The mandate to welcome the stranger predates Christianity and has been both a moral obligation and a sacred trust in many cultures in the Middle East, the Mediterranean, and beyond. Hebrew scripture depicts righteous men such as Abraham welcoming and caring for strangers from afar. It also tells how God punishes those in the cities of Sodom and Gomorrah who seek to do violence to guests and strangers. Similarly, in ancient Greek and Roman stories, anyone harming a guest was in danger of provoking the wrath of the gods.
Today, conversations about immigration have become more complicated. Modern nation-states have borders and laws about who can cross those borders. And with geopolitical violence and climate disasters, people are migrating in greater numbers, fleeing war or famine. The Catholic Church is clear in its teaching about our obligation to welcome immigrants and refugees and about the right to immigrate. But the church also teaches that nations have an obligation to secure the common good, which can sometimes mean protecting and securing its borders.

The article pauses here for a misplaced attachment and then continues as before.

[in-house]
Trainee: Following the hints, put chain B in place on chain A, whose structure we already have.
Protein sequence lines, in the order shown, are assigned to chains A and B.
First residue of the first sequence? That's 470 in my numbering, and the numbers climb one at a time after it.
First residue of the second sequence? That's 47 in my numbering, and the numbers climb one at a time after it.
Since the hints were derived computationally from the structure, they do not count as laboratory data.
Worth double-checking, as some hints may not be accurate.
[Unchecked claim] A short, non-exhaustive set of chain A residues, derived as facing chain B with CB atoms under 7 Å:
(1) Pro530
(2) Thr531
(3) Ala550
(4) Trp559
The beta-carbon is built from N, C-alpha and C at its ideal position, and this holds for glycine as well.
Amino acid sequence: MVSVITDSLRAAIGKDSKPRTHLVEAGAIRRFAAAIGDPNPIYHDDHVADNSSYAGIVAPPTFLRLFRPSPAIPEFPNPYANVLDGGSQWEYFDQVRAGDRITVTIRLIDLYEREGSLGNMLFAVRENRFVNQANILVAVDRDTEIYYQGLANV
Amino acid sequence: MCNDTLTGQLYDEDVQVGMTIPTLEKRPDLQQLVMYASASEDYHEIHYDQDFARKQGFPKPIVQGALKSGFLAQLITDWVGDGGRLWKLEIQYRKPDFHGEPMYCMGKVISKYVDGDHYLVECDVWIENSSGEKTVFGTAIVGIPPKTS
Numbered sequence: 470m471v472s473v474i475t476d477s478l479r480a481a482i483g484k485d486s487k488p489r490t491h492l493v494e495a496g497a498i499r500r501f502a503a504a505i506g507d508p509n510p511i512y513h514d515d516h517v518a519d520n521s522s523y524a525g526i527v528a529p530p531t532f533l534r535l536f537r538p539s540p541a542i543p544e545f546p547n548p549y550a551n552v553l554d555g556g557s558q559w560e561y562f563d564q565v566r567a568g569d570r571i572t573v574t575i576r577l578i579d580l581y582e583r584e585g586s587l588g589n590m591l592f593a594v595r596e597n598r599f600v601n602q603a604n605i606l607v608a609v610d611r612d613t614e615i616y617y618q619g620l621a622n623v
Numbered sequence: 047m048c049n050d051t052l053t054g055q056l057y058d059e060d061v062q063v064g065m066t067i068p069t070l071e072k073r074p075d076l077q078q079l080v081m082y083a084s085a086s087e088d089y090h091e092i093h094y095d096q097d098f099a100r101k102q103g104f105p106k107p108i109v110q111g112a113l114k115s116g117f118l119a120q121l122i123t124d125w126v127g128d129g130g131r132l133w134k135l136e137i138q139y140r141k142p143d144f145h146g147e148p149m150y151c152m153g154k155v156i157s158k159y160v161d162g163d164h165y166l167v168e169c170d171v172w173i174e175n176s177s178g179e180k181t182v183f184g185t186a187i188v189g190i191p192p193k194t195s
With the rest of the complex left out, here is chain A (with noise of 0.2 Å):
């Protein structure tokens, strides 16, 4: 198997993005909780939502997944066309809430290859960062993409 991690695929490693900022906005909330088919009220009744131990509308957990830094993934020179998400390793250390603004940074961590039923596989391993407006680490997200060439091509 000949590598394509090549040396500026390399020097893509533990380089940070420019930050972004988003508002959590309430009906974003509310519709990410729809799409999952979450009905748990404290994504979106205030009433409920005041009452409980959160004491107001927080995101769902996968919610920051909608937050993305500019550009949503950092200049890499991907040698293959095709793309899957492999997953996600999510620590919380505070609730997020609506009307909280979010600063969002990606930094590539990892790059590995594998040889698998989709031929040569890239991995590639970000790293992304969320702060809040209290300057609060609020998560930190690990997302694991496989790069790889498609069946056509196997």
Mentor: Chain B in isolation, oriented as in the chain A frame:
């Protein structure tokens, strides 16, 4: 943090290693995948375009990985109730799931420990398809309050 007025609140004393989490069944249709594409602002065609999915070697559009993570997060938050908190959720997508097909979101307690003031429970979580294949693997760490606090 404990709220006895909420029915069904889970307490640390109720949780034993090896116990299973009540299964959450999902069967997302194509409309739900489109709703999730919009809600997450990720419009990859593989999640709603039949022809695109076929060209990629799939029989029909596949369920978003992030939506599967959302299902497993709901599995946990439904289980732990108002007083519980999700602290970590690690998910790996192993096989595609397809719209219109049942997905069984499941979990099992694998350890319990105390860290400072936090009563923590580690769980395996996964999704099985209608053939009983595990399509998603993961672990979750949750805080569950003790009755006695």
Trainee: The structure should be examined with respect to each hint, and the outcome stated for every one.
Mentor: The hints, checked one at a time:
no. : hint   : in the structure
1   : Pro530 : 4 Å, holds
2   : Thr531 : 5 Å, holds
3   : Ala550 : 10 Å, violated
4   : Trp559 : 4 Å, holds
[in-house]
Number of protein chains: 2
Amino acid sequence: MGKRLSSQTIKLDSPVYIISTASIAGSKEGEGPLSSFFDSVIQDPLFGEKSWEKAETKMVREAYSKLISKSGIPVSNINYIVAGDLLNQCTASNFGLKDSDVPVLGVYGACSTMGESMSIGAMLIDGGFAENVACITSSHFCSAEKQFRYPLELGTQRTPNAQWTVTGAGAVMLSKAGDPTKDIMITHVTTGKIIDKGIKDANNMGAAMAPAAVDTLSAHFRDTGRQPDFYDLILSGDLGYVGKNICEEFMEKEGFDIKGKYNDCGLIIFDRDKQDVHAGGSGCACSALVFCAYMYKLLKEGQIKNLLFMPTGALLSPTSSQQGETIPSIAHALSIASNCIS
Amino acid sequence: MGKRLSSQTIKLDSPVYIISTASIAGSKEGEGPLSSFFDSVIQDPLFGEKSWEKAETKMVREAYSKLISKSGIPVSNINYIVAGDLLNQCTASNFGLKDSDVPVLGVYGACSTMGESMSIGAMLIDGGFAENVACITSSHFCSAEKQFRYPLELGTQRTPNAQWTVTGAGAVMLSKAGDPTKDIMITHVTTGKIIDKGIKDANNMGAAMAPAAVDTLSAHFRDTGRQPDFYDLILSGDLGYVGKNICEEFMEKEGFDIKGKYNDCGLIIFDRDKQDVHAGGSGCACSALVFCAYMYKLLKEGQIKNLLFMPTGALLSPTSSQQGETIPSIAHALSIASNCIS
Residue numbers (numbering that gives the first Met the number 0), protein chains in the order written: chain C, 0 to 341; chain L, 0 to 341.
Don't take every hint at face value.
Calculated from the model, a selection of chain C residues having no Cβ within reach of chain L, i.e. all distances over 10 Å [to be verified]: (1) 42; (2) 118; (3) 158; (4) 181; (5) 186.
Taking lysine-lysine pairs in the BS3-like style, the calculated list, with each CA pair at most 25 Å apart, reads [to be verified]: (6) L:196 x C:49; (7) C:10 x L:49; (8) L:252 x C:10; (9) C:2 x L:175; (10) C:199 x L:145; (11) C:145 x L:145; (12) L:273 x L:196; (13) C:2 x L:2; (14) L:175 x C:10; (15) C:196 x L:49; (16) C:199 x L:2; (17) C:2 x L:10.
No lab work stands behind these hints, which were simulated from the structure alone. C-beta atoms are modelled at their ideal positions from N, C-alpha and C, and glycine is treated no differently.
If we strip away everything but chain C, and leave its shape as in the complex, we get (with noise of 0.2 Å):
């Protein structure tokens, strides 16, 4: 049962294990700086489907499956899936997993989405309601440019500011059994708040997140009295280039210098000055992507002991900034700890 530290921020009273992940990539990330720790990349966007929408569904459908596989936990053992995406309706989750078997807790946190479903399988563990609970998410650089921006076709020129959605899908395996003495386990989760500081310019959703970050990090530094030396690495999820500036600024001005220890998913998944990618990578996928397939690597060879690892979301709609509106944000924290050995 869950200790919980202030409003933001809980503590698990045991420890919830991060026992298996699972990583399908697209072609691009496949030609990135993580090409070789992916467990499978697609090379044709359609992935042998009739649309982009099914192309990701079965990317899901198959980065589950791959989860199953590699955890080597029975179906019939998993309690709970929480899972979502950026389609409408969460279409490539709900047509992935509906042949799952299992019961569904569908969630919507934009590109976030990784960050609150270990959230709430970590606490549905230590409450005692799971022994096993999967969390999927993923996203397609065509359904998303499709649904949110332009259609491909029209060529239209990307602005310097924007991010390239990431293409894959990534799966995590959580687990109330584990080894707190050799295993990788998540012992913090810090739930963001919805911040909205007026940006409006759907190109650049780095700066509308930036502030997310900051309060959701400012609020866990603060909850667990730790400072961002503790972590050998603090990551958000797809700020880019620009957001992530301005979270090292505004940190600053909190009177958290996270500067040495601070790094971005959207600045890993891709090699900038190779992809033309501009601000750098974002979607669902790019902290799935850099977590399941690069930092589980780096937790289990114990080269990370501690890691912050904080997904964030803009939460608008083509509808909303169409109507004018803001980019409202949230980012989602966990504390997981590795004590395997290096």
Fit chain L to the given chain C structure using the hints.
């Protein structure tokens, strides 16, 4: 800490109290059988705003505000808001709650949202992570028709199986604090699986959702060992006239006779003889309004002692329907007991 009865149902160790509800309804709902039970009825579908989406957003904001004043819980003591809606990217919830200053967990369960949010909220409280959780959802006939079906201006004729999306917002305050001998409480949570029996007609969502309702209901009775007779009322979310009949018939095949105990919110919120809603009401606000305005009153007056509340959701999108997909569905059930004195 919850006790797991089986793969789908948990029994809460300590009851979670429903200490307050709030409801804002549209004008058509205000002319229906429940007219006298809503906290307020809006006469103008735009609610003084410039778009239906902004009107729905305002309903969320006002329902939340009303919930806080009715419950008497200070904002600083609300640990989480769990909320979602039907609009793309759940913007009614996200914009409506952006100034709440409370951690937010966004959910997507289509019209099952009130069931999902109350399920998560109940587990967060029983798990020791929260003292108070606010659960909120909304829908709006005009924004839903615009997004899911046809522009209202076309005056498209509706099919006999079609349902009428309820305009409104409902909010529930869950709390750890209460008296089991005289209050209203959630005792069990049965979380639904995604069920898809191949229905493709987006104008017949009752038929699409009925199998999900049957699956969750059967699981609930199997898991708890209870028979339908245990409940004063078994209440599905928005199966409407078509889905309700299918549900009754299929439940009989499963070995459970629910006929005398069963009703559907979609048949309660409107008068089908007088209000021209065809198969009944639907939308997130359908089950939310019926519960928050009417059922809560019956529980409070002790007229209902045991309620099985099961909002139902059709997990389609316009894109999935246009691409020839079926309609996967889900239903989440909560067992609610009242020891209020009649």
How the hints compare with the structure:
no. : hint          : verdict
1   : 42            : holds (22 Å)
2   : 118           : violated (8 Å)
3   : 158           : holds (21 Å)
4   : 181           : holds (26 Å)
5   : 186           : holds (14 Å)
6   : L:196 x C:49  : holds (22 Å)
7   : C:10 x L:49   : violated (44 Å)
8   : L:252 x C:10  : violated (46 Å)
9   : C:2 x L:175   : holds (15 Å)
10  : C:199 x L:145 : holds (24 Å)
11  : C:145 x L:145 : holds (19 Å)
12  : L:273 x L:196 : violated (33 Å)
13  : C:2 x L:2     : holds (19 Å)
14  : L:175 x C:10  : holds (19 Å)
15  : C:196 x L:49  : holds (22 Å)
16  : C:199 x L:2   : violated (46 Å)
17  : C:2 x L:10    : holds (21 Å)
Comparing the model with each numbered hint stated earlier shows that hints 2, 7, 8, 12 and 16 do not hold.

So how should a faithful Catholic approach the question of immigration that is so central to both national and global political debates? In today’s episode of Glad You Asked, guest Alice Camille goes back to the source to discuss what Jesus thought and taught about immigration and how this should guide Christians today.
Camille is an award-winning writer as well as an educator and retreat leader. She has worked on developing catechetical materials and written extensively about scripture.
You can read more of her writing and learn more about this subject in the following links:
- “What did Jesus think of immigration?” by Alice Camille
- “The lies are killing us: The need for immigration reform” by Msgr. Arturo Bañuelas
- Catholic Church’s Position on Immigration Reform
- Immigration Reform and the Catholic Church
- About Alice Camille
Glad You Asked is sponsored by the Claretian Missionaries.